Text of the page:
I agree with most of this, though I'm probably a bit more forgiving in terms an overall assessment.  I'm baffled how it got so many perfect scores, but I still would have given the game ~8/10.

One thing I can't agree with enough though is how truly god awful the voice acting was.  My goodness.  I had to mute the game during the flashbacks.  It was just embarrassing.  At least give the option to turn off the voice volume in settings.

Also, the music was indeed a bit of a letdown.  Some good stuff here and there, but largely lacking.

And yes, the item management / weapon system was super annoying.

The korok seeds... eh.  If I'm being honest, the only reason I kind of liked it was because I had a tracker through some zelda fansite that allowed me to check off the seeds as I collected them.  So it was satisfying seeing all the icons clear up over time.  That's probably not great game design though.  900 was overkill given the lack of rewards.

That said, it's an absolutely beautiful game, quite well polished, and I appreciated that it did have a "Legend of Zelda" feel to it... not necessarily in terms of game mechanics -- because it did diverge from many elements established over the course of the series -- but the overall world, enemies, etc.  Felt like it had the spirit of the original NES game in it, even if it wasn't as focused, probably due to its sheer size.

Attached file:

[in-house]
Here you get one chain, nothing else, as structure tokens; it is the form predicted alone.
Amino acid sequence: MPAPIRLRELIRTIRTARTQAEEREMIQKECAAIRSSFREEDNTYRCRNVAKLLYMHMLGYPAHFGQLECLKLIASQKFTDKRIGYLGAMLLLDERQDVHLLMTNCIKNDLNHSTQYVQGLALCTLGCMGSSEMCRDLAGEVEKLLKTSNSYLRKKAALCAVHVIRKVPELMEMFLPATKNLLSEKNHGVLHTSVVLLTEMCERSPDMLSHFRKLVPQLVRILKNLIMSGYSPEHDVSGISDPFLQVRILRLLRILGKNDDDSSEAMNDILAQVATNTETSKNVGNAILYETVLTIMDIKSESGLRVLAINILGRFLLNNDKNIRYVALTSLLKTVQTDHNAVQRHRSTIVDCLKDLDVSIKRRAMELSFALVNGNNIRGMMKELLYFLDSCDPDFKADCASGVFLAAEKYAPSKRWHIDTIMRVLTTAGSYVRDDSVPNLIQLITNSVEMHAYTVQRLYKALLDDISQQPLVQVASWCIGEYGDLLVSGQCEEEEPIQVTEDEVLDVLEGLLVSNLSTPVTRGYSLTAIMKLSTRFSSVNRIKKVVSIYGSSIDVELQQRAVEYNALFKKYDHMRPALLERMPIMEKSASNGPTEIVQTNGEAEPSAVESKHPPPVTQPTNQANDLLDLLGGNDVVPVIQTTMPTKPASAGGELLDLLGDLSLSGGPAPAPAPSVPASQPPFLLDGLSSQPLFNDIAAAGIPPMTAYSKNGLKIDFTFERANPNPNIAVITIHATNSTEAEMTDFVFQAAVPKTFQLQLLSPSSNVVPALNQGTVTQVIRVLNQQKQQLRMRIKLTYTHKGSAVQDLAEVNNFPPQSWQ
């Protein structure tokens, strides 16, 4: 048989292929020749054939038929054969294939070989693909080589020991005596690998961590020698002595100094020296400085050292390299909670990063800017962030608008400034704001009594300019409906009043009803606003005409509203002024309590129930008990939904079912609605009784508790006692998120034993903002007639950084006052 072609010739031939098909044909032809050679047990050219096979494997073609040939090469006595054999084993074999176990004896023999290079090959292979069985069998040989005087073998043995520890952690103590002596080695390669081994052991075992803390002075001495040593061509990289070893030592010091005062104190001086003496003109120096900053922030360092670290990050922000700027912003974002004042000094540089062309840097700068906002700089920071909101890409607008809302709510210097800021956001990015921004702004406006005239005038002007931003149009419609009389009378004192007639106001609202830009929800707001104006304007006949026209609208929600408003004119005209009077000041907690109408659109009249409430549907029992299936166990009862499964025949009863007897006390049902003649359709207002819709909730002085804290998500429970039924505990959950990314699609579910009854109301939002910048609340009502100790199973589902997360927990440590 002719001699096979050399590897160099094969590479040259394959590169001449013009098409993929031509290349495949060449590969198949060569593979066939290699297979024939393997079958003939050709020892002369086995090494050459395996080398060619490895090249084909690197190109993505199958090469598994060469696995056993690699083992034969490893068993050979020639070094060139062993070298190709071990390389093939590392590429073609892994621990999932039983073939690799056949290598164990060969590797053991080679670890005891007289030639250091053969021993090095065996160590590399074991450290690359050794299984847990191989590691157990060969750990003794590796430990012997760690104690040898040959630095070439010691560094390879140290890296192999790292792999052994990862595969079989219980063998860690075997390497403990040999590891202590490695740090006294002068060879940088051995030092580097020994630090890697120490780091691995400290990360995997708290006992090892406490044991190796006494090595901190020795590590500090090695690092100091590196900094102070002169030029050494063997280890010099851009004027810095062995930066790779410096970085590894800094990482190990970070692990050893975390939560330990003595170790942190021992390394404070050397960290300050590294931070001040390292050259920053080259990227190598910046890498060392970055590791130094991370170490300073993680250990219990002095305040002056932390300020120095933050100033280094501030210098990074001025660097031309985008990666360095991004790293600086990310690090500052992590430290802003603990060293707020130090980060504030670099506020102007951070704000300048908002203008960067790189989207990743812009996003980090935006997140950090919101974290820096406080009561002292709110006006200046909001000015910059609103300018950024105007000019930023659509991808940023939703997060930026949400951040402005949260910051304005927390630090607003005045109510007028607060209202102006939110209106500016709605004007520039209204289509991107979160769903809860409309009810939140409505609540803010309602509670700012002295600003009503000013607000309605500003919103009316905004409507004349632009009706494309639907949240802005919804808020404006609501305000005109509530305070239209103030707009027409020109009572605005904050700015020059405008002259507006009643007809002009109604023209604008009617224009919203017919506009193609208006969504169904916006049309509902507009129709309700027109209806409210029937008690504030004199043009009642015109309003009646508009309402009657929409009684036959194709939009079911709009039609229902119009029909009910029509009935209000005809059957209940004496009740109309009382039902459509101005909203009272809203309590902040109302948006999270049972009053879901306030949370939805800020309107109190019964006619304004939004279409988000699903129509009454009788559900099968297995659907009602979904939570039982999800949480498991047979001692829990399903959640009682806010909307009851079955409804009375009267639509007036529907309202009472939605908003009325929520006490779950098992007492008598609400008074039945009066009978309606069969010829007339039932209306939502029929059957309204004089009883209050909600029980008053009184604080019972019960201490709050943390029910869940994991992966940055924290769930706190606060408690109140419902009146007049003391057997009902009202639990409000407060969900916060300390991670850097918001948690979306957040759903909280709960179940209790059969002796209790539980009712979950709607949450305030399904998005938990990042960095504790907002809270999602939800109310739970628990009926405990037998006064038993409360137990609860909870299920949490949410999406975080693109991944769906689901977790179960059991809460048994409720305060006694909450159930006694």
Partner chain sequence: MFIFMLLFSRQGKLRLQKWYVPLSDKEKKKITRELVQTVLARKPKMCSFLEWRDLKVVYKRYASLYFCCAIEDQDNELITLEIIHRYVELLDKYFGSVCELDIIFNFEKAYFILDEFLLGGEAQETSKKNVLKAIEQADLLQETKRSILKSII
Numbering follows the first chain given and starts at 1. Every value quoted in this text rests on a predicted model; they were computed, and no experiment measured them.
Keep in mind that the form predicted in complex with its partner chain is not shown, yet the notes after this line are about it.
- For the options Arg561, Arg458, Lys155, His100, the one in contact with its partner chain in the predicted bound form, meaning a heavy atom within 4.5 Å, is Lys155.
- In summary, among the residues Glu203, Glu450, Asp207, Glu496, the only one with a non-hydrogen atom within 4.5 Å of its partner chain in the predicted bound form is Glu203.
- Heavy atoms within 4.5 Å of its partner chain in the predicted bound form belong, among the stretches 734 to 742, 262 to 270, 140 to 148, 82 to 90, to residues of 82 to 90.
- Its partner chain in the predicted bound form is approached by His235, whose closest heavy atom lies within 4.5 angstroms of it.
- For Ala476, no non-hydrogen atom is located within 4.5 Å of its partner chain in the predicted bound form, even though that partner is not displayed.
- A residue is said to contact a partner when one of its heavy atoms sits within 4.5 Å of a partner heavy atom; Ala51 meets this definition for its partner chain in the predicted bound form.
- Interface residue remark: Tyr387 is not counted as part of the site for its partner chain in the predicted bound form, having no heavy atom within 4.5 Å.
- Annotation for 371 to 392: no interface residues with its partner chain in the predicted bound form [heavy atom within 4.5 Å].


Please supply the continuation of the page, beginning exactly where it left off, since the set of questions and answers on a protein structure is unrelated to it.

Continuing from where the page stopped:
Luigi DudeMarch 04, 2020

I don't really understand why it's so hard for the Breath of the Wild haters to see why the game is so well loved, especially if they put 400 hours into it.  It's an open world title, that lacks the jank usually associated with the genre, and a lot more engaging gameplay.  Just watch Youtube video's of all the crazy shit people have done and continue to find new ways to play, and you'll see why this is the game that finally made Zelda appealing to wider audience.

Hey I love Skyward Sword as well, it's actually my favorite Zelda title but I would never recommend it to someone new to the series.  Skyward Sword was the naturally end to what happens if you focus on the puzzle aspect of the series and make the entire game one giant dungeon, which I loved, but I understand why it put off a large part of the fanbase and made the game unappealing to non-Zelda fans as well.  Of course as a fan of the puzzles in Zelda games, I feel Breath of the Wild is underrated in this aspect.  Yes it doesn't have as many giant interconnecting dungeons ones, but there's still a lot of great stuff in the shrines.  Some of these shrine puzzles despite being technically smaller, were still more challenging then what the previous 3D Zelda games provided.